If you live in America in the 21st century you’ve probably had to listen to a lot of people tell you how busy they are. It’s become the default response when you ask anyone how they’re doing: “Busy!” “So busy.” “Crazy busy.” It is, pretty obviously, a boast disguised as a complaint. And the stock response is a kind of congratulation: “That’s a good problem to have,” or “Better than the opposite.”
So begins an article called "The Busy Trap" by Tim Kreider in the New York Times.
Isn't it true? It seems that every one of our conversations begins with some variation of that exchange. Everything we do in our personal and professional lives has the oppressive specter of immediacy and urgency - as if we have to get things done right away lest we somehow fall behind in an imaginary race to a destination that we ultimately never reach.
I don't know about you, but I sense that we're all reaching a tipping point. There is no way that you and I can continue this blistering pace indefinitely -- and we all want to know where we're going.
What's the point of this frenzy? Why are we working so hard and sacrificing time with people or putting pursuits on hold that are likely far more important to us?
The sad part: we're choosing it. As Krieder puts it:
The present hysteria is not a necessary or inevitable condition of life; it’s something we’ve chosen, if only by our acquiescence to it...Busyness serves as a kind of existential reassurance, a hedge against emptiness; obviously your life cannot possibly be silly or trivial or meaningless if you are so busy, completely booked, in demand every hour of the day.
The good news is that we also have the capacity to alter our present course. On my best days, I am able to do one or all of these things:
1) Find your mind. I know the term "mindfulness" seems to be the domain of pop psychology or self-help gurus, but I know of no other way to get calm in the calamity that surrounds us. It's critically important to listen to yourself -- that banter in your brain bouncing around like a crazy ball -- and stop it. Capture those thoughts and conquer the part of you that chases after the mental pop-ups that leave you feeling scattered and unproductive.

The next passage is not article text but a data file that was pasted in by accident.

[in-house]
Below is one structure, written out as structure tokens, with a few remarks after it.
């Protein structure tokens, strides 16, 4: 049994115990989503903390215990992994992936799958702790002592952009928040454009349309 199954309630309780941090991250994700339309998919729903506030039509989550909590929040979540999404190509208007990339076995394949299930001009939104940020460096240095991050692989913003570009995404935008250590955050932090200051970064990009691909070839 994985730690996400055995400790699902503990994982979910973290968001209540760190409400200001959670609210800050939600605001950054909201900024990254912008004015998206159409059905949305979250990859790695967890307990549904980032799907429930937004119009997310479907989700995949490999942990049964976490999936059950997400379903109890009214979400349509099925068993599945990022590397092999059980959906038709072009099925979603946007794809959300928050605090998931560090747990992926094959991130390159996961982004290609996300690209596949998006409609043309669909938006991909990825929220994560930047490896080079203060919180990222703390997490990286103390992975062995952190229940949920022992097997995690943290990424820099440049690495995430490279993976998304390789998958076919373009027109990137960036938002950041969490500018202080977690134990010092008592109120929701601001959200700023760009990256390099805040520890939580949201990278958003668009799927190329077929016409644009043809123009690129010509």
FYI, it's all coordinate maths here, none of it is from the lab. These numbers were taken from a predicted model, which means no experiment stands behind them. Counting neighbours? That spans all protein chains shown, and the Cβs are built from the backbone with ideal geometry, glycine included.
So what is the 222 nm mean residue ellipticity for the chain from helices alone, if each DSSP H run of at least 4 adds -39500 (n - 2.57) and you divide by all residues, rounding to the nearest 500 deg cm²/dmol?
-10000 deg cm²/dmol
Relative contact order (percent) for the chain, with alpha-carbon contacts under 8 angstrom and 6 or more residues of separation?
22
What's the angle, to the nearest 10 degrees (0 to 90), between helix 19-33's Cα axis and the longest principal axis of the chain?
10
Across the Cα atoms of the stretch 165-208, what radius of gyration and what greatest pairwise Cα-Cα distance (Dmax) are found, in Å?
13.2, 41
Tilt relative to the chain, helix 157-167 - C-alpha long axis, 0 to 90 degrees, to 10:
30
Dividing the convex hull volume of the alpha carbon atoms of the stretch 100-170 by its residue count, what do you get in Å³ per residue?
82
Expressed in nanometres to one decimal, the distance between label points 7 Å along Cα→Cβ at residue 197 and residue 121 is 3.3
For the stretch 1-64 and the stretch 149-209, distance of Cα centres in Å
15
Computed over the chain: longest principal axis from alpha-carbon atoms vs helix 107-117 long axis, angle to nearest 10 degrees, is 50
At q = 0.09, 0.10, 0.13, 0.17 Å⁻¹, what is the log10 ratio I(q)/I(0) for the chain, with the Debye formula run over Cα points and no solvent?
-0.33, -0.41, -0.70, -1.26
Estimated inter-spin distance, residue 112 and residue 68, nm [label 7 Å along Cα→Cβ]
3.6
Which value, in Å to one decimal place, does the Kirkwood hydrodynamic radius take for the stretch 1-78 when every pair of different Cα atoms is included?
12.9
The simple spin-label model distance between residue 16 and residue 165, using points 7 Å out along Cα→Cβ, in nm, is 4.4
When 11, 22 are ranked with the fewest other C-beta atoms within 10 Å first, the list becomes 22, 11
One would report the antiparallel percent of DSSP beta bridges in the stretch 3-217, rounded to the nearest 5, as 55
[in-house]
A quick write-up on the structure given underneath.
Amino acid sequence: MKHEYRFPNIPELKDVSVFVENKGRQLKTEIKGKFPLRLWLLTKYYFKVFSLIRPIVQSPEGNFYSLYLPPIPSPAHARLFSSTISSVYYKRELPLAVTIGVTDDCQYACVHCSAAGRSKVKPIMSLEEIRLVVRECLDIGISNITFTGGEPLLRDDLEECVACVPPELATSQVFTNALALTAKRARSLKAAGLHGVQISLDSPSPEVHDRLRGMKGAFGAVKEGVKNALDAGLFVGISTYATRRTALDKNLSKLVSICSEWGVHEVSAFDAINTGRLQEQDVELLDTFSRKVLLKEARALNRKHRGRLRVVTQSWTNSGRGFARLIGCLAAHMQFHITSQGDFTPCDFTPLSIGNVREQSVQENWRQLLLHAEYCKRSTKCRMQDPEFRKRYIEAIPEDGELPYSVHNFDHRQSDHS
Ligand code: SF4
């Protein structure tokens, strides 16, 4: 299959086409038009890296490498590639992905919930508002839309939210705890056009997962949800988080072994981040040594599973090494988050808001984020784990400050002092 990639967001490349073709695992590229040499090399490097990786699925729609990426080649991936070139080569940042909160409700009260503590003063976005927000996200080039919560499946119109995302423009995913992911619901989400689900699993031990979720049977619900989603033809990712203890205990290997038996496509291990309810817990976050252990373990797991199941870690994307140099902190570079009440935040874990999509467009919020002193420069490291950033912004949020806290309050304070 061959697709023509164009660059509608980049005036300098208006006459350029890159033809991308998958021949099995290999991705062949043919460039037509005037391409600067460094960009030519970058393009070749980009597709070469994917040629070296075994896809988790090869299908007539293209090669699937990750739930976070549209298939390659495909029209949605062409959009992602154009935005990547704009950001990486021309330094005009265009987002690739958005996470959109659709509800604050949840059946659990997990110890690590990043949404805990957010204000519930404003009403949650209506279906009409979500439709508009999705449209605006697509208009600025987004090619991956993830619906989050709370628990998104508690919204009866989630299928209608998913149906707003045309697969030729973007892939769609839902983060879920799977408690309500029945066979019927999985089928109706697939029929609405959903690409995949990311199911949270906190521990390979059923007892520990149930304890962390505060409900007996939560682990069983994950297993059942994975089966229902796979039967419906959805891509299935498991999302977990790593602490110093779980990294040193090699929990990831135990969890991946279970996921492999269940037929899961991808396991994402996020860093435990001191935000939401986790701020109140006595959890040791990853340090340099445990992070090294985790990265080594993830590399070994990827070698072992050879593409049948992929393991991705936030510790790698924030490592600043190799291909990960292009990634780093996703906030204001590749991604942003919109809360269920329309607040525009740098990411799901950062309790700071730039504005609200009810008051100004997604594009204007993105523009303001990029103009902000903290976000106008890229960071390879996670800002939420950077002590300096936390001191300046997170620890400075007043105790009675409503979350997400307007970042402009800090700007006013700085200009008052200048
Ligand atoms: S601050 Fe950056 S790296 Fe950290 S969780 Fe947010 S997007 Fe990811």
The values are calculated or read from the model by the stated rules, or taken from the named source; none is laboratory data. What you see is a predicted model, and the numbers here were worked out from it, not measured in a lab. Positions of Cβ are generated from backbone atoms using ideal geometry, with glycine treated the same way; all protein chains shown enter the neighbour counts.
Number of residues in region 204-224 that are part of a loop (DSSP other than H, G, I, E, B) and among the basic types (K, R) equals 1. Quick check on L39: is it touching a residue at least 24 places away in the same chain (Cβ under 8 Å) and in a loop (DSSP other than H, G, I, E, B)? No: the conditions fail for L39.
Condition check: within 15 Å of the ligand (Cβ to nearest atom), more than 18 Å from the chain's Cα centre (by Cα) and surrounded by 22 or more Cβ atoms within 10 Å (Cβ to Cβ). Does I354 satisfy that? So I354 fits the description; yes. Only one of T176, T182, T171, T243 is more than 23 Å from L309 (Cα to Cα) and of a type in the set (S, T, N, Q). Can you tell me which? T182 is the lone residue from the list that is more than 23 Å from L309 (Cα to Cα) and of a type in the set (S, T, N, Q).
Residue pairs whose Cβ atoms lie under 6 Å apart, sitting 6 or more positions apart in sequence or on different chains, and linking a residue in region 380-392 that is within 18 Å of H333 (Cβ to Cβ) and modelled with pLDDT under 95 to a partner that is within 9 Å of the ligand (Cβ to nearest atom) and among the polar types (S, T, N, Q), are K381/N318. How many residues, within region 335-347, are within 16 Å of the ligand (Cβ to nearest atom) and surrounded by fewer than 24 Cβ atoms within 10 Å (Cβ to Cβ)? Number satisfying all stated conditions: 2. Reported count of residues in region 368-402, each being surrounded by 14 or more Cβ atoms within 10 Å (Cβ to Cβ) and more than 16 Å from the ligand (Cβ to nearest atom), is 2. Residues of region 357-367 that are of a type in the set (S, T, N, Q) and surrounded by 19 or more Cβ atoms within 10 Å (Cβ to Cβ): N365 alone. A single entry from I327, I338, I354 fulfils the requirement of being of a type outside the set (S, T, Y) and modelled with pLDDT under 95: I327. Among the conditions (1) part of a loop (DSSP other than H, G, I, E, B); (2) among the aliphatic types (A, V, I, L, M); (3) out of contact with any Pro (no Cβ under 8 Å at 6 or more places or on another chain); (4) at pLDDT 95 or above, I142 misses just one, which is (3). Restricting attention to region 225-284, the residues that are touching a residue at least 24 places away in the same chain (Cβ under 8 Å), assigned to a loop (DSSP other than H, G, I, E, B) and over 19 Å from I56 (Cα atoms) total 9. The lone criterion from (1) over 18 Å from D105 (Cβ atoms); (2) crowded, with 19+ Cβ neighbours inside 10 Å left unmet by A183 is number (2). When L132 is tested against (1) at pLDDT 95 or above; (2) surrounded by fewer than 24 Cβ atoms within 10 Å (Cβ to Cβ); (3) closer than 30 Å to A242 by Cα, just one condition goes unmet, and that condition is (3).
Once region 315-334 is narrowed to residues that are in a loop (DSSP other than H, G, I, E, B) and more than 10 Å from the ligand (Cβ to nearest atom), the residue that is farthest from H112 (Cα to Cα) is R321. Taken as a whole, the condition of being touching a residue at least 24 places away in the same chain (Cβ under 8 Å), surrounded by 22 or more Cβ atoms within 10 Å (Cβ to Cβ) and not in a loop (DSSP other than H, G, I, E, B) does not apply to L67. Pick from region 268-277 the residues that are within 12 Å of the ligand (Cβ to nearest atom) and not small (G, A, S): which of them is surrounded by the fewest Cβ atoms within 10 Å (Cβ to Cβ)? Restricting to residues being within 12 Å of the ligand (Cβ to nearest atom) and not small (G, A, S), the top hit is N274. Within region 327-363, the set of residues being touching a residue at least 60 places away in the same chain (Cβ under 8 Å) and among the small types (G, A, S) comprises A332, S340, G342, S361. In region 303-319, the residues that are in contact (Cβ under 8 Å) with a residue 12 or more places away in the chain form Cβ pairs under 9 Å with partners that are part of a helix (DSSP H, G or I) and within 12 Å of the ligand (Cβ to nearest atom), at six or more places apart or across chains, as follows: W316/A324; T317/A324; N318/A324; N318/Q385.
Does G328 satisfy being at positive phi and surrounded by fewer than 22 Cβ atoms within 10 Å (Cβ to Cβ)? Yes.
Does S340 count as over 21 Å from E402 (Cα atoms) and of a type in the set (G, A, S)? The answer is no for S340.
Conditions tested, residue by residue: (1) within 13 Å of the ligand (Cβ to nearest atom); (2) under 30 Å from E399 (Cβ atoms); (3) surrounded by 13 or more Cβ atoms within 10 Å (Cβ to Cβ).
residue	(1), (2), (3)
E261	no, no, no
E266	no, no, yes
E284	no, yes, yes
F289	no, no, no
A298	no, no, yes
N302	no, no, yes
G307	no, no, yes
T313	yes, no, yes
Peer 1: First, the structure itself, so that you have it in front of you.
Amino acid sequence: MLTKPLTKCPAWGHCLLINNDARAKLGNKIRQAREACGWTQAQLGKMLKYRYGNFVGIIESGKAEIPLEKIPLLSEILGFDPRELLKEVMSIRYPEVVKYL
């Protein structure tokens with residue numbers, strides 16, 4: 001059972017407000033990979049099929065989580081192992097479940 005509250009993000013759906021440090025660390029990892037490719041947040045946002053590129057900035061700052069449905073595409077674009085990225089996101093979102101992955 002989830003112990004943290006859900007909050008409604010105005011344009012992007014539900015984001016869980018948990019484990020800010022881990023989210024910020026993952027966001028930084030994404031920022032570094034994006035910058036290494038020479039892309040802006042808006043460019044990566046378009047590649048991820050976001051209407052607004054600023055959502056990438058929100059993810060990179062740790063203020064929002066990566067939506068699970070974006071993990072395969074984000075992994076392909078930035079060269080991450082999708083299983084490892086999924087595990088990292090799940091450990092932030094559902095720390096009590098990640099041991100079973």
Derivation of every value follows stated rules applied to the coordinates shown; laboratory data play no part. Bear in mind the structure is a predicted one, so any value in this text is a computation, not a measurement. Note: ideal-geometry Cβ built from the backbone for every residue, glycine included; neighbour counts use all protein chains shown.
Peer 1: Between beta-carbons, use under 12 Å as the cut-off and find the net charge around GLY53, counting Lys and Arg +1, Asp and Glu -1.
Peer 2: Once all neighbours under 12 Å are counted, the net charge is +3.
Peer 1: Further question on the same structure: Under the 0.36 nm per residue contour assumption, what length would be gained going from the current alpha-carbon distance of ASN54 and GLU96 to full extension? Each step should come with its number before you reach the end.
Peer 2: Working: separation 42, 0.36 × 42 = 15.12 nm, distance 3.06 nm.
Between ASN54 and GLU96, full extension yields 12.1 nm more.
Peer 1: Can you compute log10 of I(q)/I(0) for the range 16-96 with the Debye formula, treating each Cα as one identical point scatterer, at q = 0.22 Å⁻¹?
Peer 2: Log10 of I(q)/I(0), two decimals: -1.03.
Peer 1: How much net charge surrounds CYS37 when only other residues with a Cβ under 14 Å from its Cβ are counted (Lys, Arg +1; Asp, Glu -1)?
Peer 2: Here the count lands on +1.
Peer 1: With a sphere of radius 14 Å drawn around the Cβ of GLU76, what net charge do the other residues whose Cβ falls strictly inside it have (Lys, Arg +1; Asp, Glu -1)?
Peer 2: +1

2) Take a break. You and I can't work 8-10 hours straight, at least not effectively. In fact, it will damage our health. Resist the urge to keep on plowing through the tasks of the day one after another. Set an alarm and get up from your desk. Take a walk or just stretch. Five minutes is even better than nothing. You can return to work and you'll likely get more done because you took the time to hit the refresh. I've been trying to make a habit of taking a walk during phone calls where I don't need a screen. When the call is over, I put the phone in my pocket and try (desperately) not to look at it until I get back to my desk.
3) Use your muse. For me, music is where I turn when I feel the encroaching stress or strain of busyness. For others, it might be heading over to Flickr to discover something beautiful or brilliant. Perhaps it's just calling a friend or chatting with a colleague (in-person or virtual). Whatever it is for you that is not doing something "productive," do that instead. I'm not advocating, of course, for frittering away 20 minutes...again, just 5 minutes of experiencing something you enjoy can clear your mind and restore equilibrium.
Of course, I am writing this message on my last day in the office before a week-long vacation.
I hope I'll be able to totally unplug and relax, not using my time off as one more way to run from activity to activity. That seems to be getting harder and harder to do these days.
Are you tired of being busy?
How do you beat back busyness?